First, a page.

INVITING OUR CHILDREN INTO SACRED SPACE (Or, why I don’t let my kids play tag in the sanctuary)

And God said, “Let there be light,” and there was light.
And God saw that the light was good.
And God separated the light from the darkness.

God called the light Day, and the darkness he called Night.
And there was evening and there was morning, the first day.”


– Genesis 1:3-5


The world has just begun and already the Lord is separating and designating. He creates light, separates it from the darkness, and designates the light for day and the darkness for night. Then he separates waters from air, and then waters from land. Each designated for a purpose and each filled with different forms of life - birds for the air, creeping things for the ground, fish for the seas. 

Fast forward to the second half of the book of Exodus and you find the Lord giving the Israelites instructions for constructing the Tabernacle - a special place, separated and designated for a special purpose - the Lord’s presence with His people. 

Keep moving through the Old Testament and you will read about God’s people moving into the Promised land and King Solomon building the Temple in Jerusalem. 

What is going on? From the beginning of creation - God, it seems, does not treat every atomic particle in the same way. Some things and some places are special, set-aside, holy, sacred. 

Follow through into the New Testament, and you will discover Jesus taking ordinary things, separating them out from the rest and designating them for special purposes. River water for baptism, loaves and fish feed a multitude, tepid water becomes wedding reception wine, mud is used to restore a blind man’s sight, ordinary bread and wine become Holy Communion.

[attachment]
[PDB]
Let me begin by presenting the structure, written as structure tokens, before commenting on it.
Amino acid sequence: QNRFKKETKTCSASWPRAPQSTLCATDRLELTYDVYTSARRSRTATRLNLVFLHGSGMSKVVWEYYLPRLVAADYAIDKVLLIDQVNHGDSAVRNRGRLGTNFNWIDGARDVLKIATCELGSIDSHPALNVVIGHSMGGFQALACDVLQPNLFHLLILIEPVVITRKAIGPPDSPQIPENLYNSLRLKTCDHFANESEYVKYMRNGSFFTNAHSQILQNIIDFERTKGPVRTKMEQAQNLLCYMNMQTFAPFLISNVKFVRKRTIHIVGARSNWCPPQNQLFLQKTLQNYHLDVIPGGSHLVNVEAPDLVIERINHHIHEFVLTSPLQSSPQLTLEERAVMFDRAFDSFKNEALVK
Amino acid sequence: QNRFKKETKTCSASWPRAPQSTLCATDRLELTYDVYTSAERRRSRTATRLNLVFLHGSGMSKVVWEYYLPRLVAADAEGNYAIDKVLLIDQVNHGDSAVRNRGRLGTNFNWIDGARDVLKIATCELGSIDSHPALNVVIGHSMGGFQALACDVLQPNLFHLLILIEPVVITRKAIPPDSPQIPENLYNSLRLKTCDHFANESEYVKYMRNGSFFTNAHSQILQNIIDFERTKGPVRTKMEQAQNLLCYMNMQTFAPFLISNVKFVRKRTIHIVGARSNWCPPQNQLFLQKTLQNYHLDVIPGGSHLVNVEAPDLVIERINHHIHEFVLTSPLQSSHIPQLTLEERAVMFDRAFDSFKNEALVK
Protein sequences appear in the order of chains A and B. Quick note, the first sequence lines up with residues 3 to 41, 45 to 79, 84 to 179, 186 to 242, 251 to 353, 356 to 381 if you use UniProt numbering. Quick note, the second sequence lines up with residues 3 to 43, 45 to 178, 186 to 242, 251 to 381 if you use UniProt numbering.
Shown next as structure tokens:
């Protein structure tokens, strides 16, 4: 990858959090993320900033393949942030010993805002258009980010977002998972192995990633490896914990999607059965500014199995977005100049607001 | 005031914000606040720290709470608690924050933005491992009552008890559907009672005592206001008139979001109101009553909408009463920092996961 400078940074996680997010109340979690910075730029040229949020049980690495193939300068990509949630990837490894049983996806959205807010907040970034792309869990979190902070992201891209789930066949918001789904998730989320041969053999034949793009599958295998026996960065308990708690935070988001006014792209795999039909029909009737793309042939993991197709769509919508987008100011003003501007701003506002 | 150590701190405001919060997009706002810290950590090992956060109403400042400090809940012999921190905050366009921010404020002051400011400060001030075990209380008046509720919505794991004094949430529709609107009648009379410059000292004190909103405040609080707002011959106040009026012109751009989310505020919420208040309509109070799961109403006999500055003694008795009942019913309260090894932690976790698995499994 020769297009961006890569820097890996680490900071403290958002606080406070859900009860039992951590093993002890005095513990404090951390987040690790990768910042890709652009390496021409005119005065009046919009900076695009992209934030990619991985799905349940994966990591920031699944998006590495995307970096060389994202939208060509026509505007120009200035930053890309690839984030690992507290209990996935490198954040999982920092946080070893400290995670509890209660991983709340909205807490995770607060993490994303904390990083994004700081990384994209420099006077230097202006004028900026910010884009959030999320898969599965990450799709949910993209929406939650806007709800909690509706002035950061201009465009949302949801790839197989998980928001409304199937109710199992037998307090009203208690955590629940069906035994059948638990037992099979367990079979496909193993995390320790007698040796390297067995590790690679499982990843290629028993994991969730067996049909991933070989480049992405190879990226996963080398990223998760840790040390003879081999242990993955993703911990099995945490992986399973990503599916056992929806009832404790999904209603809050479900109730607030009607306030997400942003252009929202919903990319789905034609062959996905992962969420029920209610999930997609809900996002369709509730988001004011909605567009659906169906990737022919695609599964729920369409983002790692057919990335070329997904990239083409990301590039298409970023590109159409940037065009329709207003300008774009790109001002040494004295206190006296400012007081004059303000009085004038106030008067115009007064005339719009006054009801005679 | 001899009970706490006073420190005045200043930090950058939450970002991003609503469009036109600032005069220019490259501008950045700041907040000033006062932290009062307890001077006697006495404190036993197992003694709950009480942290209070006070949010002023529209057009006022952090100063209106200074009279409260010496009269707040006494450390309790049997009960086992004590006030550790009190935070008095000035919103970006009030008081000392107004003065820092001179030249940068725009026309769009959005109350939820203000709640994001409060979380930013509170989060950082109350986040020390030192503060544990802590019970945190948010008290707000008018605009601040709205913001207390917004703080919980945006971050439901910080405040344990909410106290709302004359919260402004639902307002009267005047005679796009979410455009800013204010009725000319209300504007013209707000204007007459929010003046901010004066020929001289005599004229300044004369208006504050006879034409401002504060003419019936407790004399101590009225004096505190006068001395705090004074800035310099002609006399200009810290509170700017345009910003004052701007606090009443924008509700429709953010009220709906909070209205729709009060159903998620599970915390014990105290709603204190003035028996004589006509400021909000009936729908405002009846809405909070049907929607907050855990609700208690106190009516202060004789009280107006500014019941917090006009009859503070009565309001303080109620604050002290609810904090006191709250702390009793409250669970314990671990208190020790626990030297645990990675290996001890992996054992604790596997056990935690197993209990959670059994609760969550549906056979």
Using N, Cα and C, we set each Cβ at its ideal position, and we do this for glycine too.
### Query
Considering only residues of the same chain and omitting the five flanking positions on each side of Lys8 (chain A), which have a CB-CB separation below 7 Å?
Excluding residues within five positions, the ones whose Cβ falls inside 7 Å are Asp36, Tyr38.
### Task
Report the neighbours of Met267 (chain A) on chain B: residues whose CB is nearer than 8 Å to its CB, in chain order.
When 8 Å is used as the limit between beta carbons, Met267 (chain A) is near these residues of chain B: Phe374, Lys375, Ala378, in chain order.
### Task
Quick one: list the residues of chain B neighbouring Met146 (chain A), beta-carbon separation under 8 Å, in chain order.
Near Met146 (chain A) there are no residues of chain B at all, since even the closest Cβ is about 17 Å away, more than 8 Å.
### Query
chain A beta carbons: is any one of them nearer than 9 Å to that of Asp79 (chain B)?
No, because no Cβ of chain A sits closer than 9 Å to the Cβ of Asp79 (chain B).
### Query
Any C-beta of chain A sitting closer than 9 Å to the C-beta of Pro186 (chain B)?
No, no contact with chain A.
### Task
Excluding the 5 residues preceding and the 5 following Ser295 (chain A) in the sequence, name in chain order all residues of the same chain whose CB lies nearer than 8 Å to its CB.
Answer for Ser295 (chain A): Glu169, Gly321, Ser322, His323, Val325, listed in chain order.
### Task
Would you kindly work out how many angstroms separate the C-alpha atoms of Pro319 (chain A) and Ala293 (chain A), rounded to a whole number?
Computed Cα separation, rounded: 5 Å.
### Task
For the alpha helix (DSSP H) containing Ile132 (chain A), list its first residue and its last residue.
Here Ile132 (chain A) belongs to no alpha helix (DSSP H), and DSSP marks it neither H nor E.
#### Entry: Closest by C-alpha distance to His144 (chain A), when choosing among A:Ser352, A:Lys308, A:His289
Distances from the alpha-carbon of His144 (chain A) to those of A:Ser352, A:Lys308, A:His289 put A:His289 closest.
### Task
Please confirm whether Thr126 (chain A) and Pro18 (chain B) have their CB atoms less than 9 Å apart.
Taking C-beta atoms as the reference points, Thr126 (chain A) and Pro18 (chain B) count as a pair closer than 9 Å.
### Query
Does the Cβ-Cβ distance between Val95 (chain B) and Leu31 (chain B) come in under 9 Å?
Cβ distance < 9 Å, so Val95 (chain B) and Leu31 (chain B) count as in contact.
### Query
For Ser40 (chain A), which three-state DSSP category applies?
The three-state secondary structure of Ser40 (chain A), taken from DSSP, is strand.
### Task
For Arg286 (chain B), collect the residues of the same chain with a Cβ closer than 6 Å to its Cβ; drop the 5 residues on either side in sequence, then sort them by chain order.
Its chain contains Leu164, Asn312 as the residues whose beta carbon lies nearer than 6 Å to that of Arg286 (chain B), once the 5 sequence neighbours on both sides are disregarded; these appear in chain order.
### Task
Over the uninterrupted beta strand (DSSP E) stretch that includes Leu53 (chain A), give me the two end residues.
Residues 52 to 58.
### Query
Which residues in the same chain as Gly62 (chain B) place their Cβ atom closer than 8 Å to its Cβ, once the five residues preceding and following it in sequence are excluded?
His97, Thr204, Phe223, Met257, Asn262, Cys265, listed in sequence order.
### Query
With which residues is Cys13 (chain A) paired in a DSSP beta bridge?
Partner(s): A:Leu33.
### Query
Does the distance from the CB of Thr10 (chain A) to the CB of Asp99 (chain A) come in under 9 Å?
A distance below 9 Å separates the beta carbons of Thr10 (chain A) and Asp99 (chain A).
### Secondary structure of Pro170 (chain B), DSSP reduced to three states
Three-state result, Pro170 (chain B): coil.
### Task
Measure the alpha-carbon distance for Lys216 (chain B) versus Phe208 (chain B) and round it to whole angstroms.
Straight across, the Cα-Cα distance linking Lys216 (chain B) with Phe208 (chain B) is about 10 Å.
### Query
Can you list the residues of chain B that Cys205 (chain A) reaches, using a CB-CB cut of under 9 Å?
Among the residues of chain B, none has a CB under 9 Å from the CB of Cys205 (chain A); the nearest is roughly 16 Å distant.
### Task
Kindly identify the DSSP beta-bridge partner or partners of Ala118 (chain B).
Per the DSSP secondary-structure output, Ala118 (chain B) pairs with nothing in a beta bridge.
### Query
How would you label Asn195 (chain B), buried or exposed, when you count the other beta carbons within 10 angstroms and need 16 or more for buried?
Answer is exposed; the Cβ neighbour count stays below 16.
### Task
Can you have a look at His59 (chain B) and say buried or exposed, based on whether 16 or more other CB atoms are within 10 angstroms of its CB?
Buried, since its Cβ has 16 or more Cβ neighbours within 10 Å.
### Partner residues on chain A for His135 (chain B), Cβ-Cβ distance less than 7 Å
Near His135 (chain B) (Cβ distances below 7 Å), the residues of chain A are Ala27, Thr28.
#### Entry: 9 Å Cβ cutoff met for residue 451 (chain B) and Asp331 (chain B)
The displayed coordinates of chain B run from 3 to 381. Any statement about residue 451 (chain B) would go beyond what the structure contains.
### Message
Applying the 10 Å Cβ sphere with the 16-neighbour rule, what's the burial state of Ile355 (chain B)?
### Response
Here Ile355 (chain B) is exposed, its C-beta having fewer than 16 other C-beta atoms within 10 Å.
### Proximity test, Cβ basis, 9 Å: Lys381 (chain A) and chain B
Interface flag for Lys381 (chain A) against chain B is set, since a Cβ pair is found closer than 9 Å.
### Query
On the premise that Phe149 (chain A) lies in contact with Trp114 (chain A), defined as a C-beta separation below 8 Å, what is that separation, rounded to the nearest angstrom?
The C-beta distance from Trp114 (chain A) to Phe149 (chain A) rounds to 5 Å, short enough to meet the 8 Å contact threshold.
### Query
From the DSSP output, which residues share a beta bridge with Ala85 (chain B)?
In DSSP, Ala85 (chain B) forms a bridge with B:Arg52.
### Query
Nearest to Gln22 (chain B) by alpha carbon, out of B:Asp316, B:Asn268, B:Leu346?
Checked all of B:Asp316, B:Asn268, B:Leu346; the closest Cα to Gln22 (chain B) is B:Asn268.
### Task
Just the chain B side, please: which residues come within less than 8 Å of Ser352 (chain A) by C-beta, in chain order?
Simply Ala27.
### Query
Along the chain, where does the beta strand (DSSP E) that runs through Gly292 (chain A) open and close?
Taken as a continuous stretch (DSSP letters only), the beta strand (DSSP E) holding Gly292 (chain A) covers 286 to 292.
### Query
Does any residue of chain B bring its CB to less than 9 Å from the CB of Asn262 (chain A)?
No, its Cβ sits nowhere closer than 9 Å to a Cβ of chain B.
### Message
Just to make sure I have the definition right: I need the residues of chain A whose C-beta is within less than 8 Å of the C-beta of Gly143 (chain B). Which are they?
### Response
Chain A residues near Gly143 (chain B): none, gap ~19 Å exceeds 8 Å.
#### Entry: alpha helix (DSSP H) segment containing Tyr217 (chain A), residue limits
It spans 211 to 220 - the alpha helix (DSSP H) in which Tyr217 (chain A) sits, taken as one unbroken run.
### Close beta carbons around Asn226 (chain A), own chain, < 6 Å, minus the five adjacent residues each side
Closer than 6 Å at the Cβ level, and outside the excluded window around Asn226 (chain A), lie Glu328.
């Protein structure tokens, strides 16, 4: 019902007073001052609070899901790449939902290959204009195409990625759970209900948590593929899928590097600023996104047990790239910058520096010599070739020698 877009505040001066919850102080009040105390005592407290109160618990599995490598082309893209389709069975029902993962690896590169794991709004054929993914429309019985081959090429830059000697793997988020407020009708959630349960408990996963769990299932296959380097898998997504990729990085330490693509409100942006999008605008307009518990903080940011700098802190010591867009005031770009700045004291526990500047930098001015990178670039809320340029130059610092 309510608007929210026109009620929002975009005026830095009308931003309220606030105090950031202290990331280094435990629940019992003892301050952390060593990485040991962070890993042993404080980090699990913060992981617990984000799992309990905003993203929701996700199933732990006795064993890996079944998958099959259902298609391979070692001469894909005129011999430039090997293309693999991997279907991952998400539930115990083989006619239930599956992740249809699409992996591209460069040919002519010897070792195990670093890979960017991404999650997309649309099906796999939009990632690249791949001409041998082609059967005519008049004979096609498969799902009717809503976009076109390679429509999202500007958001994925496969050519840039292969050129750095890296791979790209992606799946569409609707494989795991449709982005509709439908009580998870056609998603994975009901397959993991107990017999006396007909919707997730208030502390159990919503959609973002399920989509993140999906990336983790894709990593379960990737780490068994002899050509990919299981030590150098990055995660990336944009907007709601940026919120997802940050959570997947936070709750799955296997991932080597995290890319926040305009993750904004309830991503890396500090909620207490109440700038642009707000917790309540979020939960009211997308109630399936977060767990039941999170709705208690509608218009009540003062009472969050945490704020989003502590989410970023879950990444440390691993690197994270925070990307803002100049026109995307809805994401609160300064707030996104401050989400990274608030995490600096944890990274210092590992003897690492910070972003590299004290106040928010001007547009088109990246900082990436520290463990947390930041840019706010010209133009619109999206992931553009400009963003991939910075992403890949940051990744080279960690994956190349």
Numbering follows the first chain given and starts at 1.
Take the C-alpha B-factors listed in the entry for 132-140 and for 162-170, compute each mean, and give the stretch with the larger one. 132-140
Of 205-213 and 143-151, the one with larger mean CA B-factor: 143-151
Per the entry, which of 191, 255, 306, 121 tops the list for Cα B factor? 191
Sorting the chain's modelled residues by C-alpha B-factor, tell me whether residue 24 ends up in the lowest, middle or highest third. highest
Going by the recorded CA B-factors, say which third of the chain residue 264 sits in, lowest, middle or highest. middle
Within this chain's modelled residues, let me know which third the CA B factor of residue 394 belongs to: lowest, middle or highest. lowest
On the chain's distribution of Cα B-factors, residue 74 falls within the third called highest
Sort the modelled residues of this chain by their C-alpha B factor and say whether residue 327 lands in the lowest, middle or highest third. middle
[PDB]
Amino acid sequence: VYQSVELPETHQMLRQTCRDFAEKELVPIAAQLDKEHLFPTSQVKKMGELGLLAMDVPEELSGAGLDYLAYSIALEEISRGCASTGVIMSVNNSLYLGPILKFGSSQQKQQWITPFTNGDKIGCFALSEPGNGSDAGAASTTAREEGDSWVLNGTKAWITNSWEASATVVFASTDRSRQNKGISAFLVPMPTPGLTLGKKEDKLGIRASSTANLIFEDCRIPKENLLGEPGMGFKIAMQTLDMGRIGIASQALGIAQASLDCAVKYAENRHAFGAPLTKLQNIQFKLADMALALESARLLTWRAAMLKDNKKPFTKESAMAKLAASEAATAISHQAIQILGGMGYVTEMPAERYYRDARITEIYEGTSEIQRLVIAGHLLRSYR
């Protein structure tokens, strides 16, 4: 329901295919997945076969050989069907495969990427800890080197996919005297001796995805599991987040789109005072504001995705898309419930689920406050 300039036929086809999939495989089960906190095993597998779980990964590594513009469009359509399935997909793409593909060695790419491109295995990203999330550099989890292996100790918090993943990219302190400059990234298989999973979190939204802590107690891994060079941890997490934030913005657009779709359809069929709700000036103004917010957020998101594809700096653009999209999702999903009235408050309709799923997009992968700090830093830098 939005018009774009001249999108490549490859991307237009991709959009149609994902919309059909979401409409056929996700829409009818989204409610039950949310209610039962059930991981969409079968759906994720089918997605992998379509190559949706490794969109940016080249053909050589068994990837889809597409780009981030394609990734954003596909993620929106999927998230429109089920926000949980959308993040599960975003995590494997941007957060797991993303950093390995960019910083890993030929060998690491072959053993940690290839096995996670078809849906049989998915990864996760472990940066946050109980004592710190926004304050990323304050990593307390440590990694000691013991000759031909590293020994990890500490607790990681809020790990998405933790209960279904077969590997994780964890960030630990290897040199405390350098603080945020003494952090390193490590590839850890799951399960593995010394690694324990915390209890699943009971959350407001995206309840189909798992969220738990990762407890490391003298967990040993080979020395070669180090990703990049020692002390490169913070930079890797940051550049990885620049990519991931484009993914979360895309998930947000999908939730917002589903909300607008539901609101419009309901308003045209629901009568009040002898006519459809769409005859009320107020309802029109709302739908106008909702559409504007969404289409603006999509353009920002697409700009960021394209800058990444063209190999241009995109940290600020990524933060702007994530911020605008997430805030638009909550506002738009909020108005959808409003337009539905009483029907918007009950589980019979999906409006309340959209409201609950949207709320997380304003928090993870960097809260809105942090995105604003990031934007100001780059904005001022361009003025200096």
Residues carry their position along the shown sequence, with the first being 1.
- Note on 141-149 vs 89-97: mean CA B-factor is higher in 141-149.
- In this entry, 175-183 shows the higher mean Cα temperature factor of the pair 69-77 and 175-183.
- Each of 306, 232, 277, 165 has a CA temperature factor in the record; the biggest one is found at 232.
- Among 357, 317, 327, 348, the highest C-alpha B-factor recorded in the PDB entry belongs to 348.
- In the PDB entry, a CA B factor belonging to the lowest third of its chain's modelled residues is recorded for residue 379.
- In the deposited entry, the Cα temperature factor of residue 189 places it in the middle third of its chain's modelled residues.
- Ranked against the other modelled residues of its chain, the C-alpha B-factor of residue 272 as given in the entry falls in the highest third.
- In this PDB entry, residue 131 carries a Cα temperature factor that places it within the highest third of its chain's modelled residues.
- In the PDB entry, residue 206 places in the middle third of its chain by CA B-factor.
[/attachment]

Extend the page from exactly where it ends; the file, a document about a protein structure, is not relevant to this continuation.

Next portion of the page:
What is going on? It’s New Creation - God (in the Jesus) is not treating every bit of creation in the same way. Some things and some places are special, set-aside, holy, sacred. 

We, as members of the family of God, are one of these bits of creation that is special, set-aside, holy, sacred. Though we may not feel it much of the time, we ourselves are separated out from the rest of humanity and designated for a special purpose - to be the body of Christ proclaiming our Lord’s death and resurrection. “But you are a chosen race, a royal priesthood, a holy nation, a people for his own possession, that you may proclaim the excellencies of him who called you out of darkness into his marvelous light”. - 1 Peter 2:9

Therefore, the place where the church gathers to worship, to pray, to baptize, and to celebrate Communion becomes a sacred space. So whether the church gathers to worship in a gothic cathedral or a school cafeteria - that space becomes sacred. What makes a church sanctuary sacred is not the pews or the stained glass windows - it is the New Creation reality that the space is now different from other spaces and designated for a special purpose. 

Why are we talking about this? Because we live in a rather unique moment in history where our culture seeks to flatten all spaces into generic sameness. You might imagine a house or office with an open floor plan - no separation between spaces for cooking, eating, socializing, working, or sleeping. I can now sit in my sofa with a plate of nachos, my laptop open to my email, Netflix on the TV, and a family member seated next to me. I’m eating/drinking/working/resting/socializing simultaneously!